Naval Air: India Gets Some Much Needed Relief


December 21, 2014: The Indian Navy has finally selected a new naval helicopter; the American S-70. This comes after more of a decade of efforts to get the Indian Navy a new helicopter. India’s slow, corrupt and generally inept military procurement bureaucracy was responsible for most of the delays. A major part of the problem was that the procurement officials had been ordered to buy Indian in possible. All this was quite urgent because Indian badly needed new naval anti-submarine helicopters. The navy currently has about 40 anti-submarine helicopters all of them more than two decades old and in need of replacement. But the Indian procurement bureaucrats first went after an Indian designed and manufactured helicopter. That has not worked out. Back in 2010 the navy bought six of the Indian made Dhruvs for evaluation and did not like what they saw. The main complaints were lack of engine power and poor reliability. These were considered fatal flaws for helicopters operating off ships and used for SAR (search and rescue) and ASW (anti-submarine warfare) work.

The 5.5 ton Dhruv was in development for two decades before the first one was delivered in 2002. Over the next eight years nearly 80 were delivered, mostly to the Indian Army. But some foreign customers (Nepal and Myanmar) also took a few. A series of crashes indicated some basic design flaws, which the manufacturer insisted did not exist. The navy disagreed, even though the fleet was desperate to replace over three dozen of its elderly Sea King helicopters (a 1950s design, and the Indian Navy models are 20-35 years old) and a dozen KA-28s.

Another major competitor in the effort to provide new naval helicopters were newly built Ka-31a. These are upgrades of the Ka-28, which originally entered service in 1982, in the Soviet (later Russian) navy. The 12 ton Ka-28 is an anti-submarine aircraft, while the more recent Ka-31 is a much improved Ka-28 with a large radar (that is deployed underneath the helicopter once it is in the air), and acts as an early warning radar aircraft. The Ka-28/31 have a cruising speed of 205 kilometers an hour, and a top speed 270 kilometers an hour. Sorties for both helicopters average 3-4 hours. Both have a useful load of four tons (weapons and additional electronics). The Ka-28s and Ka-31s are export versions of the more lavishly equipped Ka-27, used by the Russian navy.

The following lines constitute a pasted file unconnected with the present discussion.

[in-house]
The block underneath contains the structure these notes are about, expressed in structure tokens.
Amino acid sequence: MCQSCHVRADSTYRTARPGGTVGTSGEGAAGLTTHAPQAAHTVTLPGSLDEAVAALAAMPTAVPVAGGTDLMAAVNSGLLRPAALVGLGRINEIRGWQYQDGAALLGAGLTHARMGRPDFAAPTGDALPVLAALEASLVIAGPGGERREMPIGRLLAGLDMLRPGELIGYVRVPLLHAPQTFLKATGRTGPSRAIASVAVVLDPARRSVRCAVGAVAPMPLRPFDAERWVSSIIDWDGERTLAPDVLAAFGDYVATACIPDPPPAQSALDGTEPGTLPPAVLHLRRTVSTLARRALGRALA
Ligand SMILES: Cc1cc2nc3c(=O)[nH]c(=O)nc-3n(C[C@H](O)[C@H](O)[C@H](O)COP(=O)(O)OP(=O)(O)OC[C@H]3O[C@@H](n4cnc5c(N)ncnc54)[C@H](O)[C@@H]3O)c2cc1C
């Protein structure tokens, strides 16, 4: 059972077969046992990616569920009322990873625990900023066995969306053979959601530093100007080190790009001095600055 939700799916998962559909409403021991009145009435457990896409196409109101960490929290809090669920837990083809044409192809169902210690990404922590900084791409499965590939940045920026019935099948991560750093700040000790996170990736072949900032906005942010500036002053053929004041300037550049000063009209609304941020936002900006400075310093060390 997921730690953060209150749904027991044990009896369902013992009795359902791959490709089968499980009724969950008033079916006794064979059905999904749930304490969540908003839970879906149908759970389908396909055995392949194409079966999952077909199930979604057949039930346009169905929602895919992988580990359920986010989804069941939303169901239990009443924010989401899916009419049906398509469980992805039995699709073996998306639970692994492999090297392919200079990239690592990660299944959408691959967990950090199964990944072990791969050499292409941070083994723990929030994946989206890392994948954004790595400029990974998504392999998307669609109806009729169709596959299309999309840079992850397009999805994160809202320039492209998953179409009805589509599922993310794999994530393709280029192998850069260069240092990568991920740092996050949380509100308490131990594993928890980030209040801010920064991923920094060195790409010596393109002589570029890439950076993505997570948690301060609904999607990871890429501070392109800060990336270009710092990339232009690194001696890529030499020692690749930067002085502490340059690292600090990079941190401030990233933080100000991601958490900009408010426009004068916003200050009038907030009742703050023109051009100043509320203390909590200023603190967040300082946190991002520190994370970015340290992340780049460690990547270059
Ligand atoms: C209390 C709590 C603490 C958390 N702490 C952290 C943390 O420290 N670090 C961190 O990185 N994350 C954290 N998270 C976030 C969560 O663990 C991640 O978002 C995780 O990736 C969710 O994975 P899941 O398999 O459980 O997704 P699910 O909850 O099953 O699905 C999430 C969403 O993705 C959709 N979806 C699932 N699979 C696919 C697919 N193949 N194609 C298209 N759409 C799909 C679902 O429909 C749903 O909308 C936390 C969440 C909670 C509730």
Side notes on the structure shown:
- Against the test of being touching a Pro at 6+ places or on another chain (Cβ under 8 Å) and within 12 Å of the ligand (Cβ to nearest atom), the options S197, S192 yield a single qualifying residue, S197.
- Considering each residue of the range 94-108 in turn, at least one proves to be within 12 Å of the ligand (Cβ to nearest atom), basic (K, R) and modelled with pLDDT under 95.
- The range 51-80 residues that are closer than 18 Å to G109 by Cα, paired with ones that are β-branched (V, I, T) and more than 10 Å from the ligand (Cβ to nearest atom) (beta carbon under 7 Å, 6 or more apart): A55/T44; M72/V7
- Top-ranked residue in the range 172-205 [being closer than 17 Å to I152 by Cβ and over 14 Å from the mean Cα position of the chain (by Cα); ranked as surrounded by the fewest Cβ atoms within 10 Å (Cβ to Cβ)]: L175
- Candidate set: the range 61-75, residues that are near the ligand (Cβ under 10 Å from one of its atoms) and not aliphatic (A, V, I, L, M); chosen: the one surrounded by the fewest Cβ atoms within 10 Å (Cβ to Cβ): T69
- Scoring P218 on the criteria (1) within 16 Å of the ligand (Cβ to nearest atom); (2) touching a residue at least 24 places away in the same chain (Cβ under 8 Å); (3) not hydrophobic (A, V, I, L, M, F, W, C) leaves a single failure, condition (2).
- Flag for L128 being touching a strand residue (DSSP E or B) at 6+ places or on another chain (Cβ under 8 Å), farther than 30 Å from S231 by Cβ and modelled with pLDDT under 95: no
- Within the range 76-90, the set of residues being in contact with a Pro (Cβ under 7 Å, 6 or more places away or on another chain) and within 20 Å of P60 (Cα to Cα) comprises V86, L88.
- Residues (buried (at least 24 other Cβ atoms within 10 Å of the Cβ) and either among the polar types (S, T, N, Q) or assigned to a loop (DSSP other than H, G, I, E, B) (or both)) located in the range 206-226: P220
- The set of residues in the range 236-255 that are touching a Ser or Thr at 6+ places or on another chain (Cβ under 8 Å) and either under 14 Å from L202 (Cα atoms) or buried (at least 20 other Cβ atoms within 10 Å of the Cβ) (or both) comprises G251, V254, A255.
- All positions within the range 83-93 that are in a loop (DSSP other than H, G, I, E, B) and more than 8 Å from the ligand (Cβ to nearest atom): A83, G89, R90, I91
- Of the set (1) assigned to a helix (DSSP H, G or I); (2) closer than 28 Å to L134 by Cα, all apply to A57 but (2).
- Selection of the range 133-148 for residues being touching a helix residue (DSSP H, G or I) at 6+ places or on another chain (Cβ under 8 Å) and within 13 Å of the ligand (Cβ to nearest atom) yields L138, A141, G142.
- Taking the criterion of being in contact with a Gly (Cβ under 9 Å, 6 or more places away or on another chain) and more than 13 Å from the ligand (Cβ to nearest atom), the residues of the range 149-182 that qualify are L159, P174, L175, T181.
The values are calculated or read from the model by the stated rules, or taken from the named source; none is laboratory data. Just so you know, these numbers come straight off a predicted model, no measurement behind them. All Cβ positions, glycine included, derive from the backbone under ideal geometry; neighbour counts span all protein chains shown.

The Ka-28/31 do not have the finish, reliability or reputation of Western models, but cost a lot less, and still gets the job done. For that reason India is refurbishing ten of its Ka-28s, as soon as Defense Ministry officials sign off on the deal. This approval keeps getting delayed, for a variety reasons. The seagoing sailors need more and better anti-sub helicopters and for too many years they were getting neither. This is all too common with the Indian Navy, but for seagoing sailors it’s something you never get used to. So until the new S-70s arrive there are only four operational Ka-28s, not even enough to equip the new Indian aircraft carrier; Vikramaditya. The navy would like to buy 16 new anti-sub helicopters, preferably from a Western supplier. The procurement bureaucracy and parliament finally gave in.

The S-70s are the most popular military helicopter in the world and the most widely exported. The S-70 is actually the export version of the basic S-60 design. Both the U.S. Army Blackhawk and U.S. Navy Seahawk are variants of the S-60.

Most American military helicopters (UH-60, HH-60, MH-60) are militarized versions of the Sikorsky S-60, a 1970s design that won the competition to replace the older UH-1 "Huey". The army currently has about 2,000 UH-60s and is upgrading the force with the new "M" model. So far, about 2,800 UH-60s have been built.

The UH-60 was introduced in 1979. The 11 ton UH-60M can carry 14 troops, or 1.1 tons of cargo internally, or four tons slung underneath. Cruise speed is 278 kilometers an hour. Max endurance is two hours, although most sorties last 90 minutes or less. Max altitude is 5,790 meters (19,000 feet).





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